Armed with patience and a resilient sense of humor, Gen. David Petraeus, commander of the U.S. Central Command, addressed students, faculty and staff yesterday afternoon in Gaston Hall, amid disturbance caused by about 15 anti-war protesters.
While his speech was originally slated to be an update address sponsored by the Institute for the Study of Diplomacy, after making brief remarks, Petraeus turned the event into a forum for open and candid conversation. He was cut off several times throughout the event, however, due to interruptions by protesters, who rose from their seats to read aloud names and ages of victims of the wars in Iraq and Afghanistan. The protesters were escorted out after being warned multiple times about the university’s free speech policy. Some were also standing with signs outside of Healy Hall.
The protesters were unavailable for comment.
Due to the interruptions, much of the discussion time was cut short; attendees did have the opportunity to ask questions concerning the United States’ current and past military operations in the Middle East, however. One student asked Petraeus what he envisions in a victory.
“This is not a war, this is not a conflict, this is not an endeavor in which one takes the hill, plants the flag and goes home to a victory parade. Rather this is something that requires a sustained, substantial commitment. We are fighting a network of extremists and extremism, and we have to go after that network wherever it is,” Petraeus said.
Petraeus continued by stating that winning, to him, was ensuring the security of American citizens as well as the safety of our major allies and partners.
Petraeus spoke at greater length on the United States’ current involvement in Afghanistan. He stated that success in the region depended on our ability to build relationships with leaders in Pakistan and in Afghanistan.
“Afghanistan is going to be the longest campaign in the long war,” he said. “It’s going to get tougher before it gets easier. There is an enormous amount of hard work to do there. There is time we have to make up for, without a question.”
Petraeus also stated that President Obama’s July 2011 withdrawal date for Afghanistan is dependent on conditions on the ground and will be executed at a responsible pace.
Some asked Petraeus how he is able to apply the lessons from Iraq or the Vietnam War, which was the subject of his dissertation at Princeton University, to the current counterinsurgency in Afghanistan.
“The biggest lesson [that I learned from Vietnam] was about the use of lessons,” Petraeus said. “It was the fact that again, every situation is unique. That, as you try to employ lessons from one conflict to another, you have to be very careful to avoid just taking it wholesale and importing it.”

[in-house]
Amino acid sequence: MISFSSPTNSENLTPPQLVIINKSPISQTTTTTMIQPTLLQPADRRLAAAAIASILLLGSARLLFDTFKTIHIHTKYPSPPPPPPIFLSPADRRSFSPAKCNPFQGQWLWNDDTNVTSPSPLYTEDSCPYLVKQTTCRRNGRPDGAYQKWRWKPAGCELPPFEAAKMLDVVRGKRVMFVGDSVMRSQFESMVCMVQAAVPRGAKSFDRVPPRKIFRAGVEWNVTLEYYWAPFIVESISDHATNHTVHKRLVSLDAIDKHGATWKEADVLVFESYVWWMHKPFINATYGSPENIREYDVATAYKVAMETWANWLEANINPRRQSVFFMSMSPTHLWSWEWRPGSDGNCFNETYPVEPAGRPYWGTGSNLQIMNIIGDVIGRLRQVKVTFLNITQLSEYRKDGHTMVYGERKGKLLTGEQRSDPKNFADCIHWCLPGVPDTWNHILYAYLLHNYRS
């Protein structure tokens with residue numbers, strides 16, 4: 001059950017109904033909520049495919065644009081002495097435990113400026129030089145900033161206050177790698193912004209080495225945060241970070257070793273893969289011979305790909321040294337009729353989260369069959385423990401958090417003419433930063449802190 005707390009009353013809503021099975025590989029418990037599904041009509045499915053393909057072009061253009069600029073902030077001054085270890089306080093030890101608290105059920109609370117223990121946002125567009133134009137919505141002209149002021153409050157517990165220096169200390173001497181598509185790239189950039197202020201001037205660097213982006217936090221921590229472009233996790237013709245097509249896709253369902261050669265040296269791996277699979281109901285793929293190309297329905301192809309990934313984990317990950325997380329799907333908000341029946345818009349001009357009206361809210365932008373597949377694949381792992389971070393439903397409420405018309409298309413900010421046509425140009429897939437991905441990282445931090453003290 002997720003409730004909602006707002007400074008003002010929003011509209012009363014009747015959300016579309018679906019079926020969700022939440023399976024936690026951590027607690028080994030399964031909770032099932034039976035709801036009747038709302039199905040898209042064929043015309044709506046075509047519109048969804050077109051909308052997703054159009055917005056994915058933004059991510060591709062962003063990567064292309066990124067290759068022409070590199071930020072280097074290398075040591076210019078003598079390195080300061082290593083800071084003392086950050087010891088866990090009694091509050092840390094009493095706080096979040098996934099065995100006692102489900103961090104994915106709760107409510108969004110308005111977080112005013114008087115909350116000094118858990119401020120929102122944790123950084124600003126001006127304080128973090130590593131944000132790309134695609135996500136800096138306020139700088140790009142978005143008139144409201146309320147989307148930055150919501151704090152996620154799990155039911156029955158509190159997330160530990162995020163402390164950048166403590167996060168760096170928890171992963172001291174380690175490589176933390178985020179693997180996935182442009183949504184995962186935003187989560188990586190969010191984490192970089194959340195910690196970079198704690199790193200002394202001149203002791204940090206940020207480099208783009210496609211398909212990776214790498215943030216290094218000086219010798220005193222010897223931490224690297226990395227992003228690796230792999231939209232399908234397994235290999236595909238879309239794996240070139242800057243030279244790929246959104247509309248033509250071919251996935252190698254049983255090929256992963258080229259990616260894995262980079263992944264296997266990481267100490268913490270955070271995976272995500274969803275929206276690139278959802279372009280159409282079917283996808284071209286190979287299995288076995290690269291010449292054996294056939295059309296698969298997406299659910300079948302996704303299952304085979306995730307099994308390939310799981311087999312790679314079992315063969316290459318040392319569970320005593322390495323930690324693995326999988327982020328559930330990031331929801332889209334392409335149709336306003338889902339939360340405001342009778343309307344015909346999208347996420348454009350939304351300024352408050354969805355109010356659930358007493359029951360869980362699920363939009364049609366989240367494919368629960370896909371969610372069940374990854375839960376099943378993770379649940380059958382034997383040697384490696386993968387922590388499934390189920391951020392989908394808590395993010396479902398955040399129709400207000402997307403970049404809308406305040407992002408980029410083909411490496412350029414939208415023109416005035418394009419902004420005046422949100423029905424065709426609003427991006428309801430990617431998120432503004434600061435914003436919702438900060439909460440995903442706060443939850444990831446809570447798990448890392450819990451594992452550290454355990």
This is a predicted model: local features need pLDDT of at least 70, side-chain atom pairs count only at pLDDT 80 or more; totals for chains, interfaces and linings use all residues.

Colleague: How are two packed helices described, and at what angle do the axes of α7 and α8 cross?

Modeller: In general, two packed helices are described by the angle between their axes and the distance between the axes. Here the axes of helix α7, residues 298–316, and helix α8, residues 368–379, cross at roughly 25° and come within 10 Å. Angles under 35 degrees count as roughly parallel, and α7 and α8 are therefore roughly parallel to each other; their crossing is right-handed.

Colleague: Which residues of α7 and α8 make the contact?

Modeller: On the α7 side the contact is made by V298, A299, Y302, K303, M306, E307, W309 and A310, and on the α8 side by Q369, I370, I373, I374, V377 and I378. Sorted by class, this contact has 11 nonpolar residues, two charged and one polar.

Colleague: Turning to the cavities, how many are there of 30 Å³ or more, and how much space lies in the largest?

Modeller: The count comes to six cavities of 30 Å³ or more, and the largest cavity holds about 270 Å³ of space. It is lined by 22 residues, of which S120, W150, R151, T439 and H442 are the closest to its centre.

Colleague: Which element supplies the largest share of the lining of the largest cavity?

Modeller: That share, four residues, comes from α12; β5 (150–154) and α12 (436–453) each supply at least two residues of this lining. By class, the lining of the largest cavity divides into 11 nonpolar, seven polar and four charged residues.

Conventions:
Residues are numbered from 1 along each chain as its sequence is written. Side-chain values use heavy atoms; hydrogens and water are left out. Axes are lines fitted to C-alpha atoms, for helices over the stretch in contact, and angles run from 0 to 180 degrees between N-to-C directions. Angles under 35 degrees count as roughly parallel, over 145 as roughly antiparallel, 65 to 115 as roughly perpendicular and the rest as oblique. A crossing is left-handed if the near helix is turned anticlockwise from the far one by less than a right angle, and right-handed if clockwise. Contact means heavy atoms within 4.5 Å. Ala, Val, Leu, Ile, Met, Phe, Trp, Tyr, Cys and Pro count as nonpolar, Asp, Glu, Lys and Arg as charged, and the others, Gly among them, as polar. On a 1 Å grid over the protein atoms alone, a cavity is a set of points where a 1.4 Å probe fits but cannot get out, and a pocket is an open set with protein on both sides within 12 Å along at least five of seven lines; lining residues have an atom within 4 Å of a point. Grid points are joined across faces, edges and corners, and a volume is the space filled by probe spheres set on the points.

Especially when comparing Iraq and Afghanistan, Petraeus cautioned that the strategies employed in the two countries could not be identical. He stated that one of the greatest challenges that the United States faces in Afghanistan, which was not as prevalent in Iraq, is the high illiteracy rate.
“[Afghanistan is] an area where you have to proceed with great care and with a very nuanced, granular appreciation for the local situation. It is a valley-by-valley, village-by-village effort. Much more so than what was the case in Iraq,” Petraeus said.
Some of the students who were present at the event were unhappy with the interruptions caused by the protesters, and believe that it reflected poorly on the university.
“What I took away from this speech was how embarrassing it was to see those kids standing up. There is a way to go about these things, and it was extremely rude,” Matt Loyd (SFS ’10) said.
“I feel that freedom of speech is a two-way street, and clearly the protesters didn’t feel the need to give Gen. Petraeus a chance to respond,” said Matt Hipple (SFS ’09), an ensign in the Navy.
Student political groups on campus also criticized the protesters for expressing their views inappropriately.
“We, the Georgetown University College Democrats, believe that right to free speech defines our American democracy. However, it is only when this free speech is combined with a respect for a diversity of opinions that we can have constructive and civil political discourse,” William Vogt (SFS ’12), GUCD communications director, wrote in a statement. “Short of that, we do ourselves and our nation a disservice when we drown out the voices of those with whom we disagree, closing our minds and stifling debate.”
The Georgetown University College Republicans echoed GUCD’s sentiments.
“[We] condemn the protesters’ actions at the event today. While everyone is entitled to have their own point of view, they still must respect the position and respect the military,” said Geoffrey Bible (SFS ’12), chairman of GUCR.
*For continuing coverage of this and other news stories, check out [The Hoya’s news blog, Saxaspeak](http://saxaspeak.thehoya.com).*”
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